Chapter three of The Occasion for Revenge was my first experience with the Goon. In fact, it was one of my first assignments writing for Fanbase Press, and it opened a whole world for me. Nearly self-contained, the story of Kid Gargantuan was the kind of tragic heroism in a dark place that I’ve always found so enticing, much like Batman but with poop jokes. The pain of the characters was a visceral thing in the amazing artistry of Eric Powell, with such interesting and dynamic characters that are truly larger than life, struggling with demons (both figurative and literal) that are even larger still. I was so moved that I immediately went to a comic shop that was closing (a sad event always, but speculative realty cares not for the joy that funny books bring and I’m never one to pass on a deal when buying in bulk.) and bought every published trade to immerse myself into the town on the edge of Horse Eater’s Woods. The beginning of the series was so much different than what it became towards the end, but the same indomitable spirit was there, smashing faces and knifing eyes, albeit with more dick and fart jokes. That’s always been the beauty of this series: that you can have an idea started as a “Wouldn’t it be funny if…?” find a place where it can open itself and explore the vulnerabilities behind the laughs. Powell knows how to use his own habits to really highlight the high pitch of emotion and climax that we witness, such as cursing. Typically, he hides smutty words behind not-entirely-covered pencil scratches, but one of the last pages prints a big one right across the large panel, and it underscores the intensity of the moment. The old adage that comedy is just tragedy plus time finds its reverse in this final library volume of an incredible series that will always hold a special place in my collection.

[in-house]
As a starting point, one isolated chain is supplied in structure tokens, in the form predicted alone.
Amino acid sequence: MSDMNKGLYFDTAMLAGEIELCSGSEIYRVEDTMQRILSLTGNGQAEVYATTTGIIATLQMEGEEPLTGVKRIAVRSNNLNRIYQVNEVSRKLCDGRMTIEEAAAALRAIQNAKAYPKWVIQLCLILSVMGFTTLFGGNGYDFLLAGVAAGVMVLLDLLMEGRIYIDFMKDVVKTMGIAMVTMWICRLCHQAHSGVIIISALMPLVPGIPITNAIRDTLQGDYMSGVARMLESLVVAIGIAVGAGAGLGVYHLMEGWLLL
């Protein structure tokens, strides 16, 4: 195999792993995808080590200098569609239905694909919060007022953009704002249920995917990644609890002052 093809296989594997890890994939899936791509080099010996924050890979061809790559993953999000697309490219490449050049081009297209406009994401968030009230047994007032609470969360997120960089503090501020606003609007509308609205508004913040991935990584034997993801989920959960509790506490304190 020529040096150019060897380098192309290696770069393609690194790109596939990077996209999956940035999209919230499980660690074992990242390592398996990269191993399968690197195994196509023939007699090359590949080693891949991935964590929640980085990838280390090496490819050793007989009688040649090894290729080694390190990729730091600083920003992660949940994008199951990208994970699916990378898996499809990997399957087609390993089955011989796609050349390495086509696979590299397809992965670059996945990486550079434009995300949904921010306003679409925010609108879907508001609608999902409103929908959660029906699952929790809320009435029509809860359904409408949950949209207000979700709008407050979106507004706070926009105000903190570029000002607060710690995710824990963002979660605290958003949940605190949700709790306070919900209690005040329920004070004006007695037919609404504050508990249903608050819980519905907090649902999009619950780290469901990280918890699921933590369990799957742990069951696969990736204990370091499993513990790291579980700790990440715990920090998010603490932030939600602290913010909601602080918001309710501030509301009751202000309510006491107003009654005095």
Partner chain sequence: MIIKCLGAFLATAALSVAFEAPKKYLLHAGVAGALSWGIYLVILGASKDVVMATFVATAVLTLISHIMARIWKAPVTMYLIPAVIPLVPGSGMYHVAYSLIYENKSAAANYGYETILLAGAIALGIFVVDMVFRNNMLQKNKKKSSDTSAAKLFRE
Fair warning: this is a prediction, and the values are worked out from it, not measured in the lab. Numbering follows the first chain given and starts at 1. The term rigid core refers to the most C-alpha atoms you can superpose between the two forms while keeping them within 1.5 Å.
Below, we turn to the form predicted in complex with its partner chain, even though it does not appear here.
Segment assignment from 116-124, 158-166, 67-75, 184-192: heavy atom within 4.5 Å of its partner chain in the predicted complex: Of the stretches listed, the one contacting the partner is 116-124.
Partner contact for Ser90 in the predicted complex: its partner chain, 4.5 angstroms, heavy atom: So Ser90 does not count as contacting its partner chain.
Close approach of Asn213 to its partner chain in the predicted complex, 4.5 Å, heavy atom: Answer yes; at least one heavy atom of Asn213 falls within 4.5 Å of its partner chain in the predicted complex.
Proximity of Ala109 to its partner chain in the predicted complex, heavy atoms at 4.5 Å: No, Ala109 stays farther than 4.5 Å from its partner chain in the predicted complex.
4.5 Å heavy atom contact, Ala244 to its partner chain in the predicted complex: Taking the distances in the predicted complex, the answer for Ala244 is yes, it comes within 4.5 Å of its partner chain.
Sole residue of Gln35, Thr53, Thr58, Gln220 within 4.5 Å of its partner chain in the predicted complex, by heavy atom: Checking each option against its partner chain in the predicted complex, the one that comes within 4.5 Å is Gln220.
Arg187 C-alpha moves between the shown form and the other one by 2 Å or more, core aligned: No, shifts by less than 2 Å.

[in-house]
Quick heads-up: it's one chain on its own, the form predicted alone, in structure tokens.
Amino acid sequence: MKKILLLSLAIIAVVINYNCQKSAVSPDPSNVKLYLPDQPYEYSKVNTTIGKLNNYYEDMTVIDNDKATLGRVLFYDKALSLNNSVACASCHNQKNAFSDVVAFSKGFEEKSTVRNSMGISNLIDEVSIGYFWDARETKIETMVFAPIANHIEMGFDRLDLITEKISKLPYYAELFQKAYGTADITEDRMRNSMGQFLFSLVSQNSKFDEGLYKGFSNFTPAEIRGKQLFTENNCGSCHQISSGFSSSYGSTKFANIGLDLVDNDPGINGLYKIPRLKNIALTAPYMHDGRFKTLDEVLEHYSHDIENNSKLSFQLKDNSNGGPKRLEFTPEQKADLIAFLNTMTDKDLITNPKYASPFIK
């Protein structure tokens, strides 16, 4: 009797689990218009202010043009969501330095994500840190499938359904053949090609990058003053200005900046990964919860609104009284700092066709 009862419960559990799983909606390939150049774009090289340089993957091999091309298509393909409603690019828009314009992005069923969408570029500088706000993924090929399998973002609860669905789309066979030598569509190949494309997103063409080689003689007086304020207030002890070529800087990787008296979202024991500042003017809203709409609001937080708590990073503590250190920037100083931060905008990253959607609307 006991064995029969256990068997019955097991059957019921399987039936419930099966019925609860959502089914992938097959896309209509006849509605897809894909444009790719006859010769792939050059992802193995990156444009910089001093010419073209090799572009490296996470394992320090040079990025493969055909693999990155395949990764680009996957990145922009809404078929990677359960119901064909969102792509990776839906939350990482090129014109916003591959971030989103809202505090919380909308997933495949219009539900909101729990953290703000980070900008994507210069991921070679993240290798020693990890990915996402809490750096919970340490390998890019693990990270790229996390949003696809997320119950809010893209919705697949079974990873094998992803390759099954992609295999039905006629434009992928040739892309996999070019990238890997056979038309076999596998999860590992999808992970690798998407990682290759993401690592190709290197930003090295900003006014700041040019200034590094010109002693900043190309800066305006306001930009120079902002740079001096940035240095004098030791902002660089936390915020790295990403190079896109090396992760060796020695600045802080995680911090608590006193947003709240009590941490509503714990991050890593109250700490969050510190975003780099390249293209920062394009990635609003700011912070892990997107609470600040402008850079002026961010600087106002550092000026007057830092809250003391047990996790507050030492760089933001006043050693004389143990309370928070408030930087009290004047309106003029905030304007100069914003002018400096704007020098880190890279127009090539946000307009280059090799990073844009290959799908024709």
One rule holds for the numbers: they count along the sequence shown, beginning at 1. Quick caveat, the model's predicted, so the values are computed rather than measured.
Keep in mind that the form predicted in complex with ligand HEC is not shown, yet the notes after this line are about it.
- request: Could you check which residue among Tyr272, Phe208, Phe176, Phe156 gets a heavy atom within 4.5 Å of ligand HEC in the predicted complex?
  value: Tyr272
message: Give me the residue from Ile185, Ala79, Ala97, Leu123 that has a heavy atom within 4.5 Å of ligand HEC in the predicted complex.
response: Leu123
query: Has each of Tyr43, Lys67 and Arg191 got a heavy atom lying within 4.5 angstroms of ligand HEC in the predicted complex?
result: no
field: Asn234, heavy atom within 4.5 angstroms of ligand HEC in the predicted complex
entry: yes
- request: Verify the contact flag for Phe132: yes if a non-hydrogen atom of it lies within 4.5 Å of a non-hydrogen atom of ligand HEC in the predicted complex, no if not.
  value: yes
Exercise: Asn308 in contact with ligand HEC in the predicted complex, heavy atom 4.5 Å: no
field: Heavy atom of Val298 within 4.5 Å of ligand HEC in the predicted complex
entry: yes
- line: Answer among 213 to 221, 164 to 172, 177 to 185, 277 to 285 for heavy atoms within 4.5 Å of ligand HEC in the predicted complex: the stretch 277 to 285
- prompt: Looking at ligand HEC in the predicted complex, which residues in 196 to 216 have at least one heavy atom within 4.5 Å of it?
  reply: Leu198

This edition collects the last of the series of the Goon, and outside of one-offs, we’ll not see him again until the highly anticipated (at least by me) Lords of Misery which - based off of the silhouettes - will certainly be including the Goon, Frankie, and Buzzard. The finale of the series is spectacular, but I’ve been espousing that forever now, so I’ll talk about the bonus material included in this final volume. Not only are there shorter, somewhat out of continuity stories from Powell, but a myriad of guest writers like comedians Brian Posehn, Thomas Lennon, and even Patton Oswalt. They get to play in Powell’s sandbox and put their own fun spin on the world he’s built, and we, the readers, win so much in the collaboration. Additionally, there is some great sketch and pencil work included which gives us a look at the process behind this giant lug and his festering world, as well as some post-series stories that he’s made since.
I can’t talk about the artwork with any authority, but the man has five Eisners. It’s just damn good. There’s no artist that I’ve encountered who has evoked as much emotion in a single panel as well as he has, and nothing is pretty. Books like Saga have shocking moments, but the underlying structure is pleasing to the eye. In this world, beauty seems odd, unnatural, and suspicious. The Goon never looks good; he looks powerful, scary, determined, but there is no angle that derives aesthetic pleasure from the eye. Much like George R.R. Martin’s widely reported love of “broken things,” Powell buries us in his world of suffering and by the end of the ride, it feels normal. It takes you a minute to readjust to the real world when you come up, and I think that is the mark of a world that draws you in entirely.
Powell is one of the greats, and the final chapters of what has been his signature series are something incredible to behold. If you’ve become a fan of him as much as I have, check out his Hillbilly series which moves in the feel of the more sophisticated style of this volume. I love it.
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